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Publication numberUS3234971 A
Publication typeGrant
Publication dateFeb 15, 1966
Filing dateDec 13, 1963
Priority dateDec 13, 1963
Also published asDE1535787A1
Publication numberUS 3234971 A, US 3234971A, US-A-3234971, US3234971 A, US3234971A
InventorsJr John L Marshall, Jr Paul M Neisler, Horne Ronald
Original AssigneeDicey Mills Inc
Export CitationBiBTeX, EndNote, RefMan
External Links: USPTO, USPTO Assignment, Espacenet
Heat-setting of fabrics
US 3234971 A
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Description  (OCR text may contain errors)

Feb. 15, 1966 R. HORNE ETAL 3,234,971



ATT NEY 3,234,971 HEAT-SETTING F FABRlCS Ronald Home, and .iohn L. Marshall, In, Pensacola, Fla,

and Paul M. Neisler, Jr., Kings Mountain, N.C., assignors, by direct and mesne assignments, to Dicey Mills incorporated, a corporation of North Carolina Filed Dec. 13, 1963, Ser. No. 330,294 4 Claims. (Cl. 139291) The present invention relates to thermally setting newlyformed textile products. More particularly, the invention concerns thermally setting the product directly on the loom or knitting machine.

Newly-formed textile products are frequently somewhat unstable physically and may be susceptible to damage by disarrangement or displacement of the fibers or yarns during latex-coating, dyeing or other subsequent operations. This susceptibility to damage is particularly severe with certain fabric constructions, such as tufted-pile or loopedpile fabrics. Sections of the fabric in which the pile has been disturbed frequently must be discarded since it would be uneconomical to repair them; in some operations waste or losses from this cause are as high as or percent of the total yardage produced. According to the present invention, the fabric is heat-set while still on the loom and before the face of the fabric has been contacted by anything which might disturb the original and desired woven configuration.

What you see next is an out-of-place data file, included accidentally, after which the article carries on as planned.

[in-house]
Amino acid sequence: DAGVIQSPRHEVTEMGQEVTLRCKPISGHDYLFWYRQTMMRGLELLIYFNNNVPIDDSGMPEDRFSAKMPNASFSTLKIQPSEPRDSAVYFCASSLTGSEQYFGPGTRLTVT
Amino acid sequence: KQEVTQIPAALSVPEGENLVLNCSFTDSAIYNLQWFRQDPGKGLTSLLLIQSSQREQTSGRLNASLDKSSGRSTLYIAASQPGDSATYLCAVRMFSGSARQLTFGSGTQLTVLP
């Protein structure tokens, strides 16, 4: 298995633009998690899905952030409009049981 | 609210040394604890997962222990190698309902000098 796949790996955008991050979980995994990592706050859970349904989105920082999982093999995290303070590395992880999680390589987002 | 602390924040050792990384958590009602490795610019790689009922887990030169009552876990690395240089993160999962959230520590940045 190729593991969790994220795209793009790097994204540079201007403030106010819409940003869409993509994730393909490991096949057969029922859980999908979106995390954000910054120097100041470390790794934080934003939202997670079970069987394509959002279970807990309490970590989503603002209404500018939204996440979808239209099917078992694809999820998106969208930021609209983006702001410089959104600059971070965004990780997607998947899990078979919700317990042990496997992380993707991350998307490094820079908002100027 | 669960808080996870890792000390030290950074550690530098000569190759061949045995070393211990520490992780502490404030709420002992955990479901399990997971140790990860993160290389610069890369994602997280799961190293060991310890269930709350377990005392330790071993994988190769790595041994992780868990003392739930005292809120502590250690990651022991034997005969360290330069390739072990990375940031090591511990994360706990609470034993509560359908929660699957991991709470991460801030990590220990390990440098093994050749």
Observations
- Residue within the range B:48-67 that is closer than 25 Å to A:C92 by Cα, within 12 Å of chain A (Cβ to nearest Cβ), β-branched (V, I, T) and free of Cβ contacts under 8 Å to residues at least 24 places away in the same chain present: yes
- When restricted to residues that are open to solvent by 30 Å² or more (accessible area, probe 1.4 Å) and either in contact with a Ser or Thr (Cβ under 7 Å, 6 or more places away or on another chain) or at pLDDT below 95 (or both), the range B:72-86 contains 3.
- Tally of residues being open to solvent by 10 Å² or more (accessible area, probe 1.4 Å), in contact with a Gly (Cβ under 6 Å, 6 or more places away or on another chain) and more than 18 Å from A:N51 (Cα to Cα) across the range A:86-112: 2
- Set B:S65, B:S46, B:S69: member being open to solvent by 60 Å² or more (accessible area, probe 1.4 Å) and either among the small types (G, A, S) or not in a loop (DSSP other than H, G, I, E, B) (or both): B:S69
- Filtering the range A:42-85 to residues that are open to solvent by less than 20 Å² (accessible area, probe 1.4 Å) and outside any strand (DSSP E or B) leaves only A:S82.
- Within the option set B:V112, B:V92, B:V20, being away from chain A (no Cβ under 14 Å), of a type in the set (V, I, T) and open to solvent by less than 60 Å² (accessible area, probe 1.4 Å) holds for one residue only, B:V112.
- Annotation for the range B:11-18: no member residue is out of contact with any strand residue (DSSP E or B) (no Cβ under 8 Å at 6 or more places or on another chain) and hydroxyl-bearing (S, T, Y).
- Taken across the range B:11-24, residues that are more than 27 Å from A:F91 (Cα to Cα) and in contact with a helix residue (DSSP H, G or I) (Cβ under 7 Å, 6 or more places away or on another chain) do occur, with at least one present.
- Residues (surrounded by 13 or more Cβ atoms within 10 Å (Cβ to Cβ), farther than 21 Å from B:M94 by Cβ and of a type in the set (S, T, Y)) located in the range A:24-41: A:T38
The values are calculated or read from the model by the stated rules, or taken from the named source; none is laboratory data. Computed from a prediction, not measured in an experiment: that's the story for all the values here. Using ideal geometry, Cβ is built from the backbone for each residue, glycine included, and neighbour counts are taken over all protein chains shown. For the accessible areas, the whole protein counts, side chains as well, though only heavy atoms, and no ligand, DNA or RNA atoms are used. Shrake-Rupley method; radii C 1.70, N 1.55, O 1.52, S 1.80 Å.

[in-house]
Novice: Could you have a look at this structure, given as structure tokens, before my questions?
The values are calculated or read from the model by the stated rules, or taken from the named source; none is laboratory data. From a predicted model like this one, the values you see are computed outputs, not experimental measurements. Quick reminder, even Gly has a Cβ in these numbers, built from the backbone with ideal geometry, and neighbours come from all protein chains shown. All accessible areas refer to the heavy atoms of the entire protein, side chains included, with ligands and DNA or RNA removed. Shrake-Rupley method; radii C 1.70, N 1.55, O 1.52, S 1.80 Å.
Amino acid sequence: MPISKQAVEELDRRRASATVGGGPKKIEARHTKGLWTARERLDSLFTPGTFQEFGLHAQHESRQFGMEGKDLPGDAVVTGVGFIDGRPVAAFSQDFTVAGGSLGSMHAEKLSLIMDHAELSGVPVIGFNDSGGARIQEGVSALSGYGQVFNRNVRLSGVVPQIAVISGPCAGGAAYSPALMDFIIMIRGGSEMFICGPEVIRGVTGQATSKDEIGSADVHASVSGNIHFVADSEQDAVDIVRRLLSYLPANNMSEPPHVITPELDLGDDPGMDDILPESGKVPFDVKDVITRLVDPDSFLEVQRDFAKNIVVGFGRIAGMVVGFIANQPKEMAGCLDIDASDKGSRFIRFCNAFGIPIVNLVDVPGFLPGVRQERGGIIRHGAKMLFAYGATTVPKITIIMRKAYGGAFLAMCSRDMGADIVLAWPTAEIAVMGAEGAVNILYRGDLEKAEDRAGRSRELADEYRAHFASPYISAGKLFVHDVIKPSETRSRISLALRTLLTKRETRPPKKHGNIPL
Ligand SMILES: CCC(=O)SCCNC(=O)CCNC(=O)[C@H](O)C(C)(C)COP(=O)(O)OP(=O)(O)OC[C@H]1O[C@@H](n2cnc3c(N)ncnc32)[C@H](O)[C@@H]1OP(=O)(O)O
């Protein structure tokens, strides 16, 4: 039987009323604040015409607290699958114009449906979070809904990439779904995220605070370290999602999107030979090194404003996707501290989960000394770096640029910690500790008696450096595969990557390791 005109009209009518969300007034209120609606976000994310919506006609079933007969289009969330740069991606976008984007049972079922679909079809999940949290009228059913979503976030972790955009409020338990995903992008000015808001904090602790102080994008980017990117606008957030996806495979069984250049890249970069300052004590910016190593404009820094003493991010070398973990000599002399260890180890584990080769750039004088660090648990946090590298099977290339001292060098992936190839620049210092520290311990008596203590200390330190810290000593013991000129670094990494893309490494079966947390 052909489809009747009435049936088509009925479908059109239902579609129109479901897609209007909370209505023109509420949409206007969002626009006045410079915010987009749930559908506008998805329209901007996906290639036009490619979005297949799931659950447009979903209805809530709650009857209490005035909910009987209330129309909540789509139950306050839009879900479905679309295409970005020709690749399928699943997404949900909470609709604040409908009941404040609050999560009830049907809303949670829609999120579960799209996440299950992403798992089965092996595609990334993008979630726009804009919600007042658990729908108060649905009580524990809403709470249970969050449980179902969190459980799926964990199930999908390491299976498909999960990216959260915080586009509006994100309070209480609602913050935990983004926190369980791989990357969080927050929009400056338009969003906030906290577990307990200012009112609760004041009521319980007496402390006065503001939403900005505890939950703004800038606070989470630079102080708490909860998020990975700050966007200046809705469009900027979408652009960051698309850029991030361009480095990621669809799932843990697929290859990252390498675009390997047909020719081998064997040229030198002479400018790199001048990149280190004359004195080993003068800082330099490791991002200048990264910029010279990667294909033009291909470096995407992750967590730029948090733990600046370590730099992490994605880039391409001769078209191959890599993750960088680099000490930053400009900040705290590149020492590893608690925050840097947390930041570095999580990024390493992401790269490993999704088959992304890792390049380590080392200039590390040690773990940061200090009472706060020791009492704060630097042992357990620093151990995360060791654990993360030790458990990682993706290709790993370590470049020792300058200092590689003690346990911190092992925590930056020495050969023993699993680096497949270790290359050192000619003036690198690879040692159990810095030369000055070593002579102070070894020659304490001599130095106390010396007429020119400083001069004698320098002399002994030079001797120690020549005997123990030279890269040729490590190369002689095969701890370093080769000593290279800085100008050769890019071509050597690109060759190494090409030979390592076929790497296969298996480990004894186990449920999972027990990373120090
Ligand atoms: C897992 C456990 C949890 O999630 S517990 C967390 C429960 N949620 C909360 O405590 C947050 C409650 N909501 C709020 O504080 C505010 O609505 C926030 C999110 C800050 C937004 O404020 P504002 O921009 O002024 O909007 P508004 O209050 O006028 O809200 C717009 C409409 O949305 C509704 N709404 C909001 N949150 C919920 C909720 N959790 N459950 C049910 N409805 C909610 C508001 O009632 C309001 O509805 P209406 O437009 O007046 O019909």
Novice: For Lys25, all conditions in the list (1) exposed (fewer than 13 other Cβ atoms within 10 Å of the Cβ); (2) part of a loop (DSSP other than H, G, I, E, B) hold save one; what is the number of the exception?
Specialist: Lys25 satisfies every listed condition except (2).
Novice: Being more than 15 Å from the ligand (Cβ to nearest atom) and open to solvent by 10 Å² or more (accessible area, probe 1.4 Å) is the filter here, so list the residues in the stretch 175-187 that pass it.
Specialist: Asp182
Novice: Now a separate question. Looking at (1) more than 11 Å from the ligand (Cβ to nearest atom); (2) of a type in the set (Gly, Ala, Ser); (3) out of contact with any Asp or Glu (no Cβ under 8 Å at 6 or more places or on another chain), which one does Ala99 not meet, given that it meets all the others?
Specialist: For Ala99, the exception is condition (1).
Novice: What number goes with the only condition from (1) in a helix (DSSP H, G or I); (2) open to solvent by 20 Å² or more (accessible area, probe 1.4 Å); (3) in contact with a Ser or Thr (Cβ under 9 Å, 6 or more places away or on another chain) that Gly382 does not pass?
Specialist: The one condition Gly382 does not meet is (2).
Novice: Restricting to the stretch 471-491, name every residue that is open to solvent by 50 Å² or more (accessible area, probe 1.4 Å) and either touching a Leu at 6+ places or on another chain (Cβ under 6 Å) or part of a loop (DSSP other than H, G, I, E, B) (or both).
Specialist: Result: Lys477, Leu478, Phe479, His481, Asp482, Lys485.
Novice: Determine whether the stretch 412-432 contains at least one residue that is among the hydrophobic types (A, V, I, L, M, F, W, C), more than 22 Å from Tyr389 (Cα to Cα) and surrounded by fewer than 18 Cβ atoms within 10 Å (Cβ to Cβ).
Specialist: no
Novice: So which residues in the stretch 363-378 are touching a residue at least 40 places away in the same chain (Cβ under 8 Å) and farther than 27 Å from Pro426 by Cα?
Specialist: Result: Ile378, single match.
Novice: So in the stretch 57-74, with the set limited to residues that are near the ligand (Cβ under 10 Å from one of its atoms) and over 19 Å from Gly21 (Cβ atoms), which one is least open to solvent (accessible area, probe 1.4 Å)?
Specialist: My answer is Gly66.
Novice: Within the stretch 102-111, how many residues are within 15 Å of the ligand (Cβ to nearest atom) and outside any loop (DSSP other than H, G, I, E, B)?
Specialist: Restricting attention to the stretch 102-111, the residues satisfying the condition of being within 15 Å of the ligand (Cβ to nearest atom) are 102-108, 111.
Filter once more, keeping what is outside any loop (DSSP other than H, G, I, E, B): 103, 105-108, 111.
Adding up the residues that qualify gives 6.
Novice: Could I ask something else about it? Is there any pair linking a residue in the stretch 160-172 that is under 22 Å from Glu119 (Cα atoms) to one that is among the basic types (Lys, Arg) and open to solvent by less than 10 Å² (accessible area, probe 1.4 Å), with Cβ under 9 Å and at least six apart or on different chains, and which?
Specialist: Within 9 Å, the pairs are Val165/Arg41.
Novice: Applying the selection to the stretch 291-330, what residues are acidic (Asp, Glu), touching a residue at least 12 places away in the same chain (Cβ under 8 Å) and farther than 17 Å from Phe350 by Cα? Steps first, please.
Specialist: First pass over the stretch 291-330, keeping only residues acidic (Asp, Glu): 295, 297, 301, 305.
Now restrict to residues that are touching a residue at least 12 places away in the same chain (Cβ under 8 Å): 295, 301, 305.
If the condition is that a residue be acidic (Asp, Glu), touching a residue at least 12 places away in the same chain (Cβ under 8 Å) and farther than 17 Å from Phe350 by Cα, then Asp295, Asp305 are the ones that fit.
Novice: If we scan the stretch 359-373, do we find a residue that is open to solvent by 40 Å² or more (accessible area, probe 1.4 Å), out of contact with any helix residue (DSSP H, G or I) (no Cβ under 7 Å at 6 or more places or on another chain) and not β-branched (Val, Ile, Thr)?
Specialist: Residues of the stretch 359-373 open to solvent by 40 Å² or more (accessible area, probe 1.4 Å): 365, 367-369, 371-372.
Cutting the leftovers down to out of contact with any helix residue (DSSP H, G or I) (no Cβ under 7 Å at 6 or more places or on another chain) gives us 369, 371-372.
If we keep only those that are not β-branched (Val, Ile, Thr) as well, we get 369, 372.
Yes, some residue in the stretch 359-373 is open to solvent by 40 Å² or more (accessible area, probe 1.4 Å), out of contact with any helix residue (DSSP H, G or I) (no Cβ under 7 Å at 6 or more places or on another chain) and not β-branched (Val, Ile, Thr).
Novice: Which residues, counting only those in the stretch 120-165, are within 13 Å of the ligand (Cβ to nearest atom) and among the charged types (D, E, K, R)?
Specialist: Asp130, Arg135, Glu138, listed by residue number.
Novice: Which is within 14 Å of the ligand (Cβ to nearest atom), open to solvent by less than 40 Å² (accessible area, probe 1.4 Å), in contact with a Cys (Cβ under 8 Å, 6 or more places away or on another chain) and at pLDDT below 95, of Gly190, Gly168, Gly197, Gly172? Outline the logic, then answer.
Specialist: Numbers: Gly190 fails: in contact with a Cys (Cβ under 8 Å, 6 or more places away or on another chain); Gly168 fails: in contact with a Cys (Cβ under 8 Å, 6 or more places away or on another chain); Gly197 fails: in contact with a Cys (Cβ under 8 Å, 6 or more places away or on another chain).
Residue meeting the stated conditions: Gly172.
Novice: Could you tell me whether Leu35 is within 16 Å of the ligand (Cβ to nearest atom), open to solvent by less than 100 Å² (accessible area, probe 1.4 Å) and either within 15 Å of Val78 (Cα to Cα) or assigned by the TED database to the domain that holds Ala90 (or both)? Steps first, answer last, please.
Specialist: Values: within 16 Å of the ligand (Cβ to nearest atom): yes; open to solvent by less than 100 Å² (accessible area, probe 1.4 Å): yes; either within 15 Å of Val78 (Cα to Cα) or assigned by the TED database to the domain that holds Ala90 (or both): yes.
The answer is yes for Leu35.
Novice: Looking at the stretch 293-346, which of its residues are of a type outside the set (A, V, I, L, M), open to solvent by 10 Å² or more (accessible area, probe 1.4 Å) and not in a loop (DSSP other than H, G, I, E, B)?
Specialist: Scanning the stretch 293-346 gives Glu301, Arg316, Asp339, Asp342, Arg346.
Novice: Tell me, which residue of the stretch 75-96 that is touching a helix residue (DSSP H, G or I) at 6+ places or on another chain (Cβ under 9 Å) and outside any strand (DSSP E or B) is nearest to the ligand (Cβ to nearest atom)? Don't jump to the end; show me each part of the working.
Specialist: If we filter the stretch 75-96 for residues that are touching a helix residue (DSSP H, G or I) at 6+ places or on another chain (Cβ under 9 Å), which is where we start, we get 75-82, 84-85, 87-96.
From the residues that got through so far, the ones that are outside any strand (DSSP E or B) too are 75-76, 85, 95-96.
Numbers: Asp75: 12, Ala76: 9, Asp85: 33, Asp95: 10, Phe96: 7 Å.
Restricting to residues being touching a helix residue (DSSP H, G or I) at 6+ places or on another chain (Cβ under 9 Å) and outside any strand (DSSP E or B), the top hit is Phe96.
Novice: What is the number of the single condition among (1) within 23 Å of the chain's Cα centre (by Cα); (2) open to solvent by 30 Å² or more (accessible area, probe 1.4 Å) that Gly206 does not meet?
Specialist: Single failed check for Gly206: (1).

Accordingly a primary object of the invention is to provide an efficient method for heat-setting of fabrics.

A further object is to provide a method of the above character which significantly increases the output of first quality fabric.

A further object is to provide heat-setting apparatus for practicing the above method.

Other objects of the invention will in part be obvious and will in part appear hereinafter.